Analysis

After His October Surprise, Comey Drops a November Bombshell

The FBI director’s new letter clearing Clinton may be too little too late; if she loses Tuesday’s vote, American democracy will be stained for decades

Television cameras record FBI Director James Comey  in Boston, Nov. 18, 2014
Reuters

NEW YORK - After the October Surprise we now have the November Bombshell. FBI Director James Comey first giveth, at least to Donald Trump, and now he has taketh away, though not completely, as far as Hillary Clinton is concerned. Ten days after he informed Congress that new and potentially incriminating Clinton emails had been found, maybe, on Sunday Comey announced that no, not really, never mind, forget I said anything, move along, nothing to see here.

Comey may have taken out the air from the balloon inflated by Trump over the past ten days over Clinton’s supposedly incontrovertible criminality, but damage has been done and it’s far from certain that it can be undone in the few short hours left until the elections. That’s why, even though Democrats might have been expected to praise Comey for his courage in publishing the new findings 48 hours before the elections, despite the criticism he knew he would face, they were actually even more livid than before. If the FBI had the resources to go over the new emails found on the computer of Anthony Weiner, husband of Clinton adviser Huma Abedin - why didn’t it do so before Comey’s letter to Congress, which upended the presidential race, they asked.

If Clinton wins in the end, perhaps things can be ultimately be ironed out, possibly with Comey paying with his own head. If she loses however, a dark cloud will hang over American democracy for decades to come. Comey and the FBI will bear the responsibility of having subverted the electoral process and possibly thwarted the will of the American public.

Democratic presidential candidate Hillary Clinton greets members of the audience at a rally at the Cleveland Public Auditorium in Cleveland, Sunday, Nov. 6, 2016.
Andrew Harnik, AP

Of course, democracy has been damaged already. Tens of millions of Americans cast their vote in recent days under the impression created by Comey’s letter. They presumably include many Republicans who were convinced to hold their noses and vote for Trump despite their misgivings because the letter and Trump himself convinced them that Clinton is a criminal who will ultimately pay for her crimes. Coming at a crucial time in the campaign, the letter served as a basis to reconstruct the sleazy, corrupt image of both Bill and Hillary Clinton that Trump has worked so hard to create. And contrary to what Trump and some of his aides have ludicrously their followers, voters can’t change their mind and ask to vote again.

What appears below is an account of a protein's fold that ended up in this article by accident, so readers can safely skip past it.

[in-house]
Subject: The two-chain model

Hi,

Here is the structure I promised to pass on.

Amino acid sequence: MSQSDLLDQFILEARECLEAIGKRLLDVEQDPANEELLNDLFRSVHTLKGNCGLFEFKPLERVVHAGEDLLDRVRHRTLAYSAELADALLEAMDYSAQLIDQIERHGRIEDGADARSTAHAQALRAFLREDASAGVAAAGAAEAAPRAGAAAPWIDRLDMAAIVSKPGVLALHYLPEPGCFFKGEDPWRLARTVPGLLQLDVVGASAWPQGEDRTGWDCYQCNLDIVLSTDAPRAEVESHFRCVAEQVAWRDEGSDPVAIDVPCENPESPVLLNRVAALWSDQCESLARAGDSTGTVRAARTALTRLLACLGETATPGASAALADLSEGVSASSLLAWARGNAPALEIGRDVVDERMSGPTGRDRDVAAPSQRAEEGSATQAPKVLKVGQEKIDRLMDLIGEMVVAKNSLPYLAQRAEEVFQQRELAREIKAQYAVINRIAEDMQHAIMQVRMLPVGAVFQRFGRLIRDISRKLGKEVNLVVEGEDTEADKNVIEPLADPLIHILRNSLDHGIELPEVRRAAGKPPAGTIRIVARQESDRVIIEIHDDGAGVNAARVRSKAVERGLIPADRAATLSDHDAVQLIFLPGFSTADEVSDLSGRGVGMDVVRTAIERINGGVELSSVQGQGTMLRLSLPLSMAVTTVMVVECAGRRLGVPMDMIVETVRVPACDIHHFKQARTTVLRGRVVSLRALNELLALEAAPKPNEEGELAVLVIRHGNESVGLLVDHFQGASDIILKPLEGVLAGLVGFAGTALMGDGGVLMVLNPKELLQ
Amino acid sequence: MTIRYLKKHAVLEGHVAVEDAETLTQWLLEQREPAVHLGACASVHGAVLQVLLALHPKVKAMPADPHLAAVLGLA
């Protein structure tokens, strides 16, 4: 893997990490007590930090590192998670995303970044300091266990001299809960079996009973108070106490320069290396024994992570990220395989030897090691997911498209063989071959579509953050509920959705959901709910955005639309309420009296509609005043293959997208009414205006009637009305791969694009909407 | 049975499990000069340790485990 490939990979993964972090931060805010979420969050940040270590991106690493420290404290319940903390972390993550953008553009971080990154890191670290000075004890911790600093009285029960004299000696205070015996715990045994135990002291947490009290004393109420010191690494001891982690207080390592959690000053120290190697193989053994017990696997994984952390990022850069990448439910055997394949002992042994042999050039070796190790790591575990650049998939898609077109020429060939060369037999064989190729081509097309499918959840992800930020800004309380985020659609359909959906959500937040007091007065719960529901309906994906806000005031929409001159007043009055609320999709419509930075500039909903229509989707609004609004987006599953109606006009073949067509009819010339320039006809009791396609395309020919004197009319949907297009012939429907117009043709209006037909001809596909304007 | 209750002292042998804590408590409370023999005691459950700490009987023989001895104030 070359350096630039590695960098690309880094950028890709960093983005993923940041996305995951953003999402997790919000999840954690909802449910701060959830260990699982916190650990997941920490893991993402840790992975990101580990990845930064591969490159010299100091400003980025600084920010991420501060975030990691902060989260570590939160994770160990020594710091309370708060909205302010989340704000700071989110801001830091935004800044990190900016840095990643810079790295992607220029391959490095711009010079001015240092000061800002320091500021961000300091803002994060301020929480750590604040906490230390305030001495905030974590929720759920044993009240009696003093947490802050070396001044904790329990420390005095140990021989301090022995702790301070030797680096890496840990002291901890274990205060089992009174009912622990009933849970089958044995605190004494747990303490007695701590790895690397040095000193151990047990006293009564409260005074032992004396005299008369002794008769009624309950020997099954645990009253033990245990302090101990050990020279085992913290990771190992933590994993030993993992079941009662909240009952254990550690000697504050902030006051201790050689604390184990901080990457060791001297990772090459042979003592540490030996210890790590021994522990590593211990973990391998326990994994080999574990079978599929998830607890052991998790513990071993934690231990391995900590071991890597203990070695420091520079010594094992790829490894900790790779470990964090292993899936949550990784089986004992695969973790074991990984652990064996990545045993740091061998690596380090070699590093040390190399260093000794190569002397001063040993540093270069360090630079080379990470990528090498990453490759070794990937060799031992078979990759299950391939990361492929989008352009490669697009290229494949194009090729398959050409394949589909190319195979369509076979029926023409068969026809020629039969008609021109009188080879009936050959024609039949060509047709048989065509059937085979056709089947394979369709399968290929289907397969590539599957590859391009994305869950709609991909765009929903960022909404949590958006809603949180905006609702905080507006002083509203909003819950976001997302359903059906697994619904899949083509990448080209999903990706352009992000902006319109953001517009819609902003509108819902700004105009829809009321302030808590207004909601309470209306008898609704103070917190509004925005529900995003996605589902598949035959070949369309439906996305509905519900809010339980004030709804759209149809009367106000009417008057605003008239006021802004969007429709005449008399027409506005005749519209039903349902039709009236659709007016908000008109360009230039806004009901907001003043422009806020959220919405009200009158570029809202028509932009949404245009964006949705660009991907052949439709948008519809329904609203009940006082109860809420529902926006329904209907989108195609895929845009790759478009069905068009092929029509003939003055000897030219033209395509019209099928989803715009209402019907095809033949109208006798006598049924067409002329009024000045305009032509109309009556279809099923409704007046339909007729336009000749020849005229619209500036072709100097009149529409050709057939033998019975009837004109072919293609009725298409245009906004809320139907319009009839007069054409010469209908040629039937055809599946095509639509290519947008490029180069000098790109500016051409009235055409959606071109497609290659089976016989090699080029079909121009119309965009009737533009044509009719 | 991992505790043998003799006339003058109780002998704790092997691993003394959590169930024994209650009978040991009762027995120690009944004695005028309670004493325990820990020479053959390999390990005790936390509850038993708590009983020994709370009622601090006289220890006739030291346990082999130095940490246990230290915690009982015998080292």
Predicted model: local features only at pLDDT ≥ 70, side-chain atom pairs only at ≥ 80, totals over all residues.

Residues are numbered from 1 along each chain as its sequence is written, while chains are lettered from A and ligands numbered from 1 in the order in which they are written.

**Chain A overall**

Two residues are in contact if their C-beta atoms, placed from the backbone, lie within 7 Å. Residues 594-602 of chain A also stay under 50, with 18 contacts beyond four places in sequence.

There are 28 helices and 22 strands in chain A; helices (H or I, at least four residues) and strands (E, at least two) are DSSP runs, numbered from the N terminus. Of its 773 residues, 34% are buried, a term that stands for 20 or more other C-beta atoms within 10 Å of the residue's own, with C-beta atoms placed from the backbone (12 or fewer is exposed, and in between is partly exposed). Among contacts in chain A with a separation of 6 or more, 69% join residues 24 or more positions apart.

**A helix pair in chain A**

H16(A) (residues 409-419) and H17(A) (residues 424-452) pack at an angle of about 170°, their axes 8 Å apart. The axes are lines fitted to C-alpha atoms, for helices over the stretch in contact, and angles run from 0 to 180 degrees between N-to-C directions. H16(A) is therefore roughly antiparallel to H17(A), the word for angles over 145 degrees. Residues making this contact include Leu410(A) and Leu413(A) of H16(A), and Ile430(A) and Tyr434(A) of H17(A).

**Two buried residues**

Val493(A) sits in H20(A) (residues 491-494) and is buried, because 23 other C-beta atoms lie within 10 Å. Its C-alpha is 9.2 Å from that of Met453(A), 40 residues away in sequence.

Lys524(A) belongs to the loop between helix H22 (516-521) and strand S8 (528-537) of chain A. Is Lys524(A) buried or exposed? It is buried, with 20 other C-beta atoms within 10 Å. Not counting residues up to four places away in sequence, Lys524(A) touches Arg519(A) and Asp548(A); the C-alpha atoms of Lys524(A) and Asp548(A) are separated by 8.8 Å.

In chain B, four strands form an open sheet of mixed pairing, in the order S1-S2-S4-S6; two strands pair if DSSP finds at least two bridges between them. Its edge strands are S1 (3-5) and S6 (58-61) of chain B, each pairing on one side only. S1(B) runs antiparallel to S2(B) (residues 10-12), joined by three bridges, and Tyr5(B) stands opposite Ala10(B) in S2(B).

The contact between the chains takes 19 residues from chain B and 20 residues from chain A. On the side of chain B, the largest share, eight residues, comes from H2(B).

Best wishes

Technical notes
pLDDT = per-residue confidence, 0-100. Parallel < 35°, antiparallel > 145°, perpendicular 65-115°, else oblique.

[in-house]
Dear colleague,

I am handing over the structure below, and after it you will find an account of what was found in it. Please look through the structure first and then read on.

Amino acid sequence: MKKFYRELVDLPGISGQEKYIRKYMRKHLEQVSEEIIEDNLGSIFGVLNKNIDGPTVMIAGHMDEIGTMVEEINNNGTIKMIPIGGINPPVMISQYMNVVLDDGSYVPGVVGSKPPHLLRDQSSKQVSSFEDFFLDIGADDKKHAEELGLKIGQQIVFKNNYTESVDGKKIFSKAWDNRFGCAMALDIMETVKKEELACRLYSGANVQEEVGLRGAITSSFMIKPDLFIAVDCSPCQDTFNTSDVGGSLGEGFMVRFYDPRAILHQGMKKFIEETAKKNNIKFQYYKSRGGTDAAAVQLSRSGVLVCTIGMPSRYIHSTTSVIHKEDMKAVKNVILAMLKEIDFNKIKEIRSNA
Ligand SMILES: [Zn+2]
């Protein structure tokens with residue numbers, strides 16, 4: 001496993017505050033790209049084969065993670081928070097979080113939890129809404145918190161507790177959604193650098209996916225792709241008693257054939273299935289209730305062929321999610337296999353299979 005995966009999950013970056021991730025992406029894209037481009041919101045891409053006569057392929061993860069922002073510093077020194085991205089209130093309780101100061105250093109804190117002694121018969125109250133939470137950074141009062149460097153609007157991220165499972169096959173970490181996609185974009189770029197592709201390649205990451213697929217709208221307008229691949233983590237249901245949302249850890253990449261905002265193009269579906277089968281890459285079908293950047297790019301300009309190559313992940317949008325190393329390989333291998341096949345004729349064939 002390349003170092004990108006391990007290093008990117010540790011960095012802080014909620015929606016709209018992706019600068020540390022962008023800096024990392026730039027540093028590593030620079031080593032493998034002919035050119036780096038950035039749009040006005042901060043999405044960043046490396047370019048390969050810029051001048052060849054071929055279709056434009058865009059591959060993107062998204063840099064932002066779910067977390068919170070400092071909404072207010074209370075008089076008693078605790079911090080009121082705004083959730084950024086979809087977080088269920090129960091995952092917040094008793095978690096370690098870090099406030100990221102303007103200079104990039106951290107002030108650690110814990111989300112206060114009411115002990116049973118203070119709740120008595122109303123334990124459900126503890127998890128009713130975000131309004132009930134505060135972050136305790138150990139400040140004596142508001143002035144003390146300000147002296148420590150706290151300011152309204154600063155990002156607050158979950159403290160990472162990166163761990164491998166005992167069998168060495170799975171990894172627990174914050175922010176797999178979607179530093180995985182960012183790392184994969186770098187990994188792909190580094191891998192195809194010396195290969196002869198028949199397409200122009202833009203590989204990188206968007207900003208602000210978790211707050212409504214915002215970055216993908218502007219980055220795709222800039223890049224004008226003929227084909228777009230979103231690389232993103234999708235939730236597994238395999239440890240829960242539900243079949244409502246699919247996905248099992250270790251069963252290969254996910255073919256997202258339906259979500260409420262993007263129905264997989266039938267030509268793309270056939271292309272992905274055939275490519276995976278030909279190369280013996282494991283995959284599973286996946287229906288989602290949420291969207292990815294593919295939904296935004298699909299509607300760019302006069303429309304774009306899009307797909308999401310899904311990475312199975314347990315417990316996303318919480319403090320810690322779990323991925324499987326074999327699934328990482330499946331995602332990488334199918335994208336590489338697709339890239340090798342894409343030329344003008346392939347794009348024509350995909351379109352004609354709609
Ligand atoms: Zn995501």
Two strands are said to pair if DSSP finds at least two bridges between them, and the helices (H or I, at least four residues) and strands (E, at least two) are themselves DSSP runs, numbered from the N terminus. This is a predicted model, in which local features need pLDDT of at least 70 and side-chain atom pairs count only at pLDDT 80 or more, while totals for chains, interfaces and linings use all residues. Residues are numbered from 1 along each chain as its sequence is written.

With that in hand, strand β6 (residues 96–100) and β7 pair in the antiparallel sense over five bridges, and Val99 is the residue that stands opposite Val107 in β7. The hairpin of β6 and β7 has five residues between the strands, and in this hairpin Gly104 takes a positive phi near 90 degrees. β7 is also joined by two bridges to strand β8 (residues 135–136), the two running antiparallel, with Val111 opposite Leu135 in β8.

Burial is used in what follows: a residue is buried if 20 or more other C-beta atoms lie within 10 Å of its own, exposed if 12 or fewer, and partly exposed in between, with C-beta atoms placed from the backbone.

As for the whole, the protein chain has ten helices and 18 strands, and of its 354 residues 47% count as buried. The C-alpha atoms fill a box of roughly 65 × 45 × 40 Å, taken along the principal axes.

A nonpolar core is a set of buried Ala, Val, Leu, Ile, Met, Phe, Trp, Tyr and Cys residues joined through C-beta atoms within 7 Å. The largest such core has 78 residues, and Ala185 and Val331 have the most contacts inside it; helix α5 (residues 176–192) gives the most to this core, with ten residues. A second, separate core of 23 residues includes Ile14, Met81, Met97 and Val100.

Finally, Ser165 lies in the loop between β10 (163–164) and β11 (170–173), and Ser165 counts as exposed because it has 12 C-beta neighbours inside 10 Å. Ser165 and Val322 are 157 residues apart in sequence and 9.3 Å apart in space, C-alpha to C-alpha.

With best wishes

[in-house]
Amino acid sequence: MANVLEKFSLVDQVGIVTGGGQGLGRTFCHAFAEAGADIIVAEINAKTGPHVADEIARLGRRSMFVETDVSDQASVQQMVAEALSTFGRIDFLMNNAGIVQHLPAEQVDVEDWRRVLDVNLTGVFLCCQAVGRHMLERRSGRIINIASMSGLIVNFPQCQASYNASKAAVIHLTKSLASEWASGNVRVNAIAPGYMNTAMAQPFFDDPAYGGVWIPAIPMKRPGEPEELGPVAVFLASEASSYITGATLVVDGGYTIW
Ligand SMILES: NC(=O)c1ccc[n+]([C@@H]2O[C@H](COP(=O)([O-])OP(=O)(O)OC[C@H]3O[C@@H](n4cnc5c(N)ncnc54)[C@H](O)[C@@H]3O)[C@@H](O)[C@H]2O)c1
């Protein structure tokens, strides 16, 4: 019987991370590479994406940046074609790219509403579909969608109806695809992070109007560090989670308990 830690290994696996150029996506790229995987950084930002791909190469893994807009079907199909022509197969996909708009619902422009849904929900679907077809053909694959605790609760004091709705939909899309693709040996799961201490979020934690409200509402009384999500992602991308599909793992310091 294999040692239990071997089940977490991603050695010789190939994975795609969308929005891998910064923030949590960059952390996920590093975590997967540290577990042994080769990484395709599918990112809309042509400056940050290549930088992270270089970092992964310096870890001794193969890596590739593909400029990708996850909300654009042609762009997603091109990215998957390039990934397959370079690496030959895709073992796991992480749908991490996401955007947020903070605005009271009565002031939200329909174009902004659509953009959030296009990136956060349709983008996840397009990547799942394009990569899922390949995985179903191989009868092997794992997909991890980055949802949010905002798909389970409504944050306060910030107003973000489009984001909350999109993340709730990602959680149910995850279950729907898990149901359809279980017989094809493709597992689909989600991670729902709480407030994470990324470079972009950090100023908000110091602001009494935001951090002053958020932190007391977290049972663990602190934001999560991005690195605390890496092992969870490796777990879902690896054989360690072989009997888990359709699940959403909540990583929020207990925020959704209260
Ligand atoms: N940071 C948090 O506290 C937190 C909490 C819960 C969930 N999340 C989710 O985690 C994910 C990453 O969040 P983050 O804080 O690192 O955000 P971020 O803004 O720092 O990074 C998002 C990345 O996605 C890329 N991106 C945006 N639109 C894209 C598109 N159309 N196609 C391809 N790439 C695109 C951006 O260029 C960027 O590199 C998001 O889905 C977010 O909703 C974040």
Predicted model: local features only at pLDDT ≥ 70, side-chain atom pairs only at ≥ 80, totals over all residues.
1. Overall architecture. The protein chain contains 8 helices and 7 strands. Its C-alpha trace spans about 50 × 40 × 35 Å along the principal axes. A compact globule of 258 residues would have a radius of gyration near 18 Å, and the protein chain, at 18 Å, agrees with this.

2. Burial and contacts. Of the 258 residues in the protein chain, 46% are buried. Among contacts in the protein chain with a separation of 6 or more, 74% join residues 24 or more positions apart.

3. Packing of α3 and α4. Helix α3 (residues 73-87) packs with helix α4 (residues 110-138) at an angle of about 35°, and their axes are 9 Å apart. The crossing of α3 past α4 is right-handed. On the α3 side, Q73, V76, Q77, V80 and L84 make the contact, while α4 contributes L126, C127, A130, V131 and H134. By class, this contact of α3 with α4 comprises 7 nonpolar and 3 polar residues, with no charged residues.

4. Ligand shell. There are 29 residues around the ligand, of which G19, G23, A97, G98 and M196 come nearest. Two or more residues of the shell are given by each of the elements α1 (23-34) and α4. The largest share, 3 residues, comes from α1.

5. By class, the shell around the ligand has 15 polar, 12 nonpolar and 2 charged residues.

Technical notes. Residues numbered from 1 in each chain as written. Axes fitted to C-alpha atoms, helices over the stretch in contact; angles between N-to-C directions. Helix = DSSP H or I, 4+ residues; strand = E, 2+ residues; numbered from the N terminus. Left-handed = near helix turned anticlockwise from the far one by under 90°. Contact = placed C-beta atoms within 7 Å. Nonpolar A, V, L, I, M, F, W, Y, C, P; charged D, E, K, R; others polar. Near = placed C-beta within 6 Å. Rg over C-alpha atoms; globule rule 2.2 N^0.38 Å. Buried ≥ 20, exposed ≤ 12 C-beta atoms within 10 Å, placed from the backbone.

Clinton and her advisers might hope that Comey’s new letter will upset Trump to the degree that he will lose his newfound discipline and return to his old and zany ways in a way that will influence the outcome of the elections. The new letter, and what will undoubtedly be viewed as an exoneration of Clinton, will certainly be valuable for Democrats to fire up their base and get voters who haven’t cast their ballot yet to the voting booths. Possibly, though not certainly, the new letter might sway undecided voters or those who had decided to vote for one of the independent candidates to switch their vote to Clinton.

It has to be said, though, that Comey’s original letter had already enraged many Clinton supporters, who viewed it as undue intervention in the elections. Many others had started to panic at the news of the gap closing between Trump and Clinton in the national polls and his ascent in the battleground states. From that point of view, Comey’s first letter may have been the best thing that happened to Clinton: fear and rage are much more effective than indifference and complacency in getting people to vote.

The result, already noticeable before Comey’s latest shocker, is that Clinton’s precipitous fall in the polls had been arrested. She and her high-power advocates had doubled their efforts. Not only were her advocates out in full force, her own speeches, for some reason, became much more effective, seemingly more heartfelt and genuine. Her activists were fired up as never before. Hispanic voters, who have very justification to fear a Trump presidency, came to the polls in unprecedented and unexpected numbers.

Comey’s new letter will only pour more fuel on this already simmering fire. But it remains to be seen whether the letter will ultimately be viewed as the crucial closing argument for Clinton or as a futile last minute development that did not prevent her loss. Moreover, even though polls will open and voting will start in only a few hours, in this election campaign one must always take into consideration the possibility that after the November 6 surprise we’ll get the November 7 scandal that will turn everything around.